It’s no secret that South Africa’s roads become hazardous over the festive season. Increased volume of cars on the road, urgency to arrive at holiday destinations, and the anticipation of seeing loved ones all contribute to an increase in the amount of accidents every year over this time.
While some of these accidents are caused by environmental factors, such as poor roads, inclement weather or poor visibility, the vast majority of them can be attributed to human error. According to a recent study*, men in particular are more likely to take fewer rest stops, drive when tired, and take more risks on the road, which can endanger their lives and those of other road users. Almost half of these accidents are fatal, with 2017 having the highest level of road fatalities in ten years. But even the most cautious drivers are at risk of being in accidents caused by others, and of the 14 000 people who died in road accidents in 2017, 70% of that number is made up of passengers and pedestrians.
According to the study, 80% of fatalities in accidents over the holiday season are men, who are often the breadwinners of households. The impact of an accident like this could have devastating consequences beyond the loss of life, by leaving remaining family members financially vulnerable, especially in the absence of life insurance.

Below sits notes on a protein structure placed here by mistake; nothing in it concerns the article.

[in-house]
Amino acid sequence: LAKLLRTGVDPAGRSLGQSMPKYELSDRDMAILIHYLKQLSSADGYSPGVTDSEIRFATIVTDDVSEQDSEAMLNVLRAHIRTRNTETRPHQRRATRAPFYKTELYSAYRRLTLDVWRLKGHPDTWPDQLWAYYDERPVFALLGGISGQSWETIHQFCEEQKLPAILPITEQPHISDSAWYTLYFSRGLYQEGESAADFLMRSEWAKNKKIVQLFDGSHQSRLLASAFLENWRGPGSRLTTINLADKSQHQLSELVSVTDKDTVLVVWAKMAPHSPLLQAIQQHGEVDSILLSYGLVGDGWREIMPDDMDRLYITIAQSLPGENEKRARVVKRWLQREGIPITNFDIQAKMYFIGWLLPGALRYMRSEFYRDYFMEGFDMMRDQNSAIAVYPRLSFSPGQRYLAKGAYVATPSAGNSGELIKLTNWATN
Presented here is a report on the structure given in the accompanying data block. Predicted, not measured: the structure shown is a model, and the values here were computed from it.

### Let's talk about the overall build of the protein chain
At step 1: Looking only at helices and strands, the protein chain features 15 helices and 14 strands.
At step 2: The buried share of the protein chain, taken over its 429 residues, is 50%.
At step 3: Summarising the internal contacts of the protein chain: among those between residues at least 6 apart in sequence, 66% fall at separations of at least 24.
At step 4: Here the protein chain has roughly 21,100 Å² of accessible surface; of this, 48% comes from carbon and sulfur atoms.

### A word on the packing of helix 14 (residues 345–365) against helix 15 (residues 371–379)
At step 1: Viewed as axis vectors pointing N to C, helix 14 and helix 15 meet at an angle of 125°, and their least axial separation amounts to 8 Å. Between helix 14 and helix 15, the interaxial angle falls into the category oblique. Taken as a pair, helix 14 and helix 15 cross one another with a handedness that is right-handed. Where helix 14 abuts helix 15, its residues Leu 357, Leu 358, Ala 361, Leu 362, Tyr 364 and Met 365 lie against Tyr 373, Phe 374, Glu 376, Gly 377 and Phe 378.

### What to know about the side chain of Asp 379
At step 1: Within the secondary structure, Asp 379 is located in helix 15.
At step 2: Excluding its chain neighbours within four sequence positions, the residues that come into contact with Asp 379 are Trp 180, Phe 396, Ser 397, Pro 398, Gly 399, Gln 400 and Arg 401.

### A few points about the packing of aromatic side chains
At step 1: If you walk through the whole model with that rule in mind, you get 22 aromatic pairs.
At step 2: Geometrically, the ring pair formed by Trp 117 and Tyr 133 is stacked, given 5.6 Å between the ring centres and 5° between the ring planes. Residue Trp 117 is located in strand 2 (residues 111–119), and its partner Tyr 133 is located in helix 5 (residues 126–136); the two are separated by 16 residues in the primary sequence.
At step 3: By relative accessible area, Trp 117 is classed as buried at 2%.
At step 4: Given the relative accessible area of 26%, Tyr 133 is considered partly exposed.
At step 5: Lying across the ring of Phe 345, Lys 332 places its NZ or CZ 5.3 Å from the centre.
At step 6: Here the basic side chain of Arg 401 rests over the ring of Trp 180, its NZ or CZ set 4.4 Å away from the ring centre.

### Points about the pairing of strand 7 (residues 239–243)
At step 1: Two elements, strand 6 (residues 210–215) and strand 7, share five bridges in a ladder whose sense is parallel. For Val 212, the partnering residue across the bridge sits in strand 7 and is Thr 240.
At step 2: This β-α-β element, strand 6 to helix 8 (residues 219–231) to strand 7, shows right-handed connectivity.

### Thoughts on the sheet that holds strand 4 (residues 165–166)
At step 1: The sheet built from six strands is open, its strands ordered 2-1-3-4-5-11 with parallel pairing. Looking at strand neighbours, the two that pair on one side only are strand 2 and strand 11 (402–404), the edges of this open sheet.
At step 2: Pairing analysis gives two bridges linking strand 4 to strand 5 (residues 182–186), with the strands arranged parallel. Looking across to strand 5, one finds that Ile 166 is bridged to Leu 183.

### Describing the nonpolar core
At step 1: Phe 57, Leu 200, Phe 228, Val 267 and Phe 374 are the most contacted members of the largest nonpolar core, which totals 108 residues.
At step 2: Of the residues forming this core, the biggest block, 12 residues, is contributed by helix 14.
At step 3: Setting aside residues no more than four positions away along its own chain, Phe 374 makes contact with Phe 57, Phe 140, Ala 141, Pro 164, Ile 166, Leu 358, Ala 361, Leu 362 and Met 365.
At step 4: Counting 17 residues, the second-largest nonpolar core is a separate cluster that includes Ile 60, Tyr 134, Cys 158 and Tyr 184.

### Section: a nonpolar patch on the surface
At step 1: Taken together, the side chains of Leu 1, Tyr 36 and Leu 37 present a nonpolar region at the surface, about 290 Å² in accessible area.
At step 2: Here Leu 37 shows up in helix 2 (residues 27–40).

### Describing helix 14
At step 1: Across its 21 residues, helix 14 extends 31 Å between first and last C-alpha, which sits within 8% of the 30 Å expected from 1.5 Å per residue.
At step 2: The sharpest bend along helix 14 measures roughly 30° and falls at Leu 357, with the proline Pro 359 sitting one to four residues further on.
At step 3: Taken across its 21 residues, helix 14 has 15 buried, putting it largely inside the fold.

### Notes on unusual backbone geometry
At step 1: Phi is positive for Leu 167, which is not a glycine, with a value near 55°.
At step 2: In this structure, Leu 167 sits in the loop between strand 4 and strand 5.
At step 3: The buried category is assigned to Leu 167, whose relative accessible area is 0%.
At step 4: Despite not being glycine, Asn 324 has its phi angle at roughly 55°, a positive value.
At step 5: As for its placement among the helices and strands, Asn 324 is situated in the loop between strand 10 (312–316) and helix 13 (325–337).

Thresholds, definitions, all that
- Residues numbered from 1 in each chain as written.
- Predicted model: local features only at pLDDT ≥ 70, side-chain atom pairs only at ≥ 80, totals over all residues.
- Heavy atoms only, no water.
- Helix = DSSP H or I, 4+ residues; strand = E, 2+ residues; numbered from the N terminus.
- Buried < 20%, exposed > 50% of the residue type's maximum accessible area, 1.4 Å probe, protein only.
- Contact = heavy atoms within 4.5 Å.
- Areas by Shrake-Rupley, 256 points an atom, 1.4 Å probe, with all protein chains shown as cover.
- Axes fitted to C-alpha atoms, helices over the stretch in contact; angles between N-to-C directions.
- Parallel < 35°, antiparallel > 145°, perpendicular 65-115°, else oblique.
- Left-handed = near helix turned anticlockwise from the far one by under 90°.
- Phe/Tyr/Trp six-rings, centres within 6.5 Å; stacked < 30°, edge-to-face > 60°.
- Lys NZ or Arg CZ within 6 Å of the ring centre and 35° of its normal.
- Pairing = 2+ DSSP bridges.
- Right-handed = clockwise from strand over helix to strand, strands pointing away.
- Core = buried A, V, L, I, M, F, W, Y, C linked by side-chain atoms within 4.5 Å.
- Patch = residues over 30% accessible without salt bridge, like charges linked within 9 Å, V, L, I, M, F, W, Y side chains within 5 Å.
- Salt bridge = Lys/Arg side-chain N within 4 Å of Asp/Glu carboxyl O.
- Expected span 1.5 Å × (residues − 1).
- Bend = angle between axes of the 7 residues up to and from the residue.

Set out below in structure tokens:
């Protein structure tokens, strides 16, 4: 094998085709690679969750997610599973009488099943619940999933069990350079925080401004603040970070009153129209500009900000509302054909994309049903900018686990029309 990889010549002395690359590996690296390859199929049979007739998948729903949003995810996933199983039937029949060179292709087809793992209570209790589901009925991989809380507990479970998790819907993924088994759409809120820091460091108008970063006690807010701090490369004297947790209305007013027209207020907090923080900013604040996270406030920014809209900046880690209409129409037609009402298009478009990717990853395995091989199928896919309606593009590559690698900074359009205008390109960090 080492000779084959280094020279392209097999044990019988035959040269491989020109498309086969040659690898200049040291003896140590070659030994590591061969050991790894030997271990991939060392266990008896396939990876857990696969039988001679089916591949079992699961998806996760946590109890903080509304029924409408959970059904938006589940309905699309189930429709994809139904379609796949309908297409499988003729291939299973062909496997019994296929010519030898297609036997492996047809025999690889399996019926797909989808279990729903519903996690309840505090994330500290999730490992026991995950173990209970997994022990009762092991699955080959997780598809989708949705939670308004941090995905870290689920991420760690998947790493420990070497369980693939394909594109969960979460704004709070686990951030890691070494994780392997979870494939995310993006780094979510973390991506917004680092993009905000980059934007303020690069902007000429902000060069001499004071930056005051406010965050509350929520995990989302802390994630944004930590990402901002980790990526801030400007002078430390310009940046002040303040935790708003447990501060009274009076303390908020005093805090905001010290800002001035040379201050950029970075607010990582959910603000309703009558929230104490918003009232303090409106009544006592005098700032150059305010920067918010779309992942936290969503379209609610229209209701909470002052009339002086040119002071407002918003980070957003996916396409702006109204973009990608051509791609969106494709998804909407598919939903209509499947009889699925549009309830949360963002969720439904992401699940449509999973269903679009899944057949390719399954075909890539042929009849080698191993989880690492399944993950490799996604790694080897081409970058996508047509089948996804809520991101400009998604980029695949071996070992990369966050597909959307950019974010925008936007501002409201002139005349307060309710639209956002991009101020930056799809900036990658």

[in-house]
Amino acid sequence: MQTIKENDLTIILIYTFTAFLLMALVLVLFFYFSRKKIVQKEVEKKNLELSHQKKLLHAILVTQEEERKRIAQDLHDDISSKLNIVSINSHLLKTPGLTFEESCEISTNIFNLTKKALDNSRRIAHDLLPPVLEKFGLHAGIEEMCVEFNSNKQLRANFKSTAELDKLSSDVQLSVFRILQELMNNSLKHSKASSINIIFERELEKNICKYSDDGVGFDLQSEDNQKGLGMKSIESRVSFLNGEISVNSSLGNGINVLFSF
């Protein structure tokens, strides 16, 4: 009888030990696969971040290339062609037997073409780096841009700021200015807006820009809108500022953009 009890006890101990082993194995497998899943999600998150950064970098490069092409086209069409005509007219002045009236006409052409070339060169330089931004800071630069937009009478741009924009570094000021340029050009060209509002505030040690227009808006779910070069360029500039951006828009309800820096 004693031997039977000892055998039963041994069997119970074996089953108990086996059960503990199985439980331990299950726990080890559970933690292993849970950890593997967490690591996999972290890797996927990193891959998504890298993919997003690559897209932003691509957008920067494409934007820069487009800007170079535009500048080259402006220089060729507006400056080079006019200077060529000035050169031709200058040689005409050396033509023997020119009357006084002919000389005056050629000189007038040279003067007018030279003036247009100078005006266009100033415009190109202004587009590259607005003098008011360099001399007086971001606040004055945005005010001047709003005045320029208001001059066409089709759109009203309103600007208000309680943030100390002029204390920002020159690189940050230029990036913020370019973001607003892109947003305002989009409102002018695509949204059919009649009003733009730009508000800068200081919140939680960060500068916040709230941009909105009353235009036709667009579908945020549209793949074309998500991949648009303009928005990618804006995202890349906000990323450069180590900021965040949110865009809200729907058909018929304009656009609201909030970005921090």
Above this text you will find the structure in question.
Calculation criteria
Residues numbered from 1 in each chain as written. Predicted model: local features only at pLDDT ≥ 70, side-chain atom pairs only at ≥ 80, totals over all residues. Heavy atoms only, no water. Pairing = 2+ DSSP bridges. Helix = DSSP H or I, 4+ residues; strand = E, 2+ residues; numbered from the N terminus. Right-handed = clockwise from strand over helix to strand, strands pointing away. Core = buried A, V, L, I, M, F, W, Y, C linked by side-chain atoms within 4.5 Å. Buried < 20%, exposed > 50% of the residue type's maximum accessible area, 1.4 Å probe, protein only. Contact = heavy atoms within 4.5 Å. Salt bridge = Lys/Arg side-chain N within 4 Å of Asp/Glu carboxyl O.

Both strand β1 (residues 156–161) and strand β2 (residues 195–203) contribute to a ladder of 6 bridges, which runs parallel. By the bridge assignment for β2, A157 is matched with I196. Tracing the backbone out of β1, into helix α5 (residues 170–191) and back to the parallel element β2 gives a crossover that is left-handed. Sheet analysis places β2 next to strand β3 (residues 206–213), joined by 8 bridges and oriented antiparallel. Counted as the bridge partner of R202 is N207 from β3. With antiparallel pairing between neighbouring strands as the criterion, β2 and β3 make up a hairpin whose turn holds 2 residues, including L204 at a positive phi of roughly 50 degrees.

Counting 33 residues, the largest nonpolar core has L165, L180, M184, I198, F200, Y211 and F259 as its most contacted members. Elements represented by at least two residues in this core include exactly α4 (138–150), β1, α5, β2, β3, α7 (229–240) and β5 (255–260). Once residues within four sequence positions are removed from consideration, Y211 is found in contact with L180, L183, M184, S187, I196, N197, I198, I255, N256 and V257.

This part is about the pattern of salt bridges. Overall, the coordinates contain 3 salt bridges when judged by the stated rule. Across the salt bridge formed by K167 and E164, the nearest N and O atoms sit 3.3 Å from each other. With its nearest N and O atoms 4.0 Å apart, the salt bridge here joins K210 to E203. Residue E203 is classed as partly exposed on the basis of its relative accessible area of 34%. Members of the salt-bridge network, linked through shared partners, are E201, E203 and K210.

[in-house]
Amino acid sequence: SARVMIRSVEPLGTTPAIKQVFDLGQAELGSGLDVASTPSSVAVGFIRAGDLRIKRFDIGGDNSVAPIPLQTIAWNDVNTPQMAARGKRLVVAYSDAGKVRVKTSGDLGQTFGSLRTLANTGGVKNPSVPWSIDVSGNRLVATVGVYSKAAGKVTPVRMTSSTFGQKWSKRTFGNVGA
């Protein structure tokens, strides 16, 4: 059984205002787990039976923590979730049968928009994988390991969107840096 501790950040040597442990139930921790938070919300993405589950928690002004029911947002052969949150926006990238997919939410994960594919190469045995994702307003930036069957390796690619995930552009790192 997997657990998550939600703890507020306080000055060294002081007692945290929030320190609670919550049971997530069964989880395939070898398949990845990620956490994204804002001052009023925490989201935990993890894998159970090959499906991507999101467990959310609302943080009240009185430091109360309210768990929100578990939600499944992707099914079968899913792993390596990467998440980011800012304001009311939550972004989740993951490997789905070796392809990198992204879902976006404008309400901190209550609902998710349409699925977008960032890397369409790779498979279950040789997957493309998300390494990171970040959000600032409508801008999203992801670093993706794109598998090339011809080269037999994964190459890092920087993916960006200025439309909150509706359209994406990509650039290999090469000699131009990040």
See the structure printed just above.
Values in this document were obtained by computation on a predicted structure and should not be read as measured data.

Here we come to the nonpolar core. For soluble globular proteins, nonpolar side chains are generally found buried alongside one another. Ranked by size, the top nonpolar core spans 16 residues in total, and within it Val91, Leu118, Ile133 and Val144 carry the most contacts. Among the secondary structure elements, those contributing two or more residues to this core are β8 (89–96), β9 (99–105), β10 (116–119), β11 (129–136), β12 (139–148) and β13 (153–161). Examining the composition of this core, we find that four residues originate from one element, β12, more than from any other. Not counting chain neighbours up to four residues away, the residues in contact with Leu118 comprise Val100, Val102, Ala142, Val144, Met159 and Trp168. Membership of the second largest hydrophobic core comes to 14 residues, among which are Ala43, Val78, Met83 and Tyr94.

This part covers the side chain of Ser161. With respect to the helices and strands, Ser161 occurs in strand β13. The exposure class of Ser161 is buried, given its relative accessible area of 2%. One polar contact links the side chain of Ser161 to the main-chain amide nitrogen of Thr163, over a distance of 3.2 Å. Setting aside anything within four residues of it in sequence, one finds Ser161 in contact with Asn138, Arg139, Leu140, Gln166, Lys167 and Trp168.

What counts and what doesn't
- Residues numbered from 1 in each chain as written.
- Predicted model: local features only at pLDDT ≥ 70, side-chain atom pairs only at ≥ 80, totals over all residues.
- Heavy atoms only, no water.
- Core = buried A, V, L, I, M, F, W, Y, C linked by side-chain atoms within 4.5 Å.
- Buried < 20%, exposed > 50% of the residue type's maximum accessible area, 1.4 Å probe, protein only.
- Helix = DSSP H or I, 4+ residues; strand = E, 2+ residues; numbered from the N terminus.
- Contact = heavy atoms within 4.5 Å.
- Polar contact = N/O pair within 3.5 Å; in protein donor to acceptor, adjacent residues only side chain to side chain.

Blade Nzimande, South Africa’s Transport minister, suggests that current initiatives to increase road safety, such as those released by Arrive Alive, are doing little to affect the statistics of road accidents in South Africa. Nzimande, in agreement with the Automobile Association, suggests that this is an issue that needs to be tackled by all South Africans by exercising caution when traveling, and by showing respect for other road users, especially during extremely busy times around the festive season.
So if you’re traveling around the holidays, remember to exercise caution, take frequent rest stops, and reduce your speed. Your life and the lives of others depend on it.
The good, the bad and the ugly of South African fatal road accidents. North West University for the South African Journal of Science.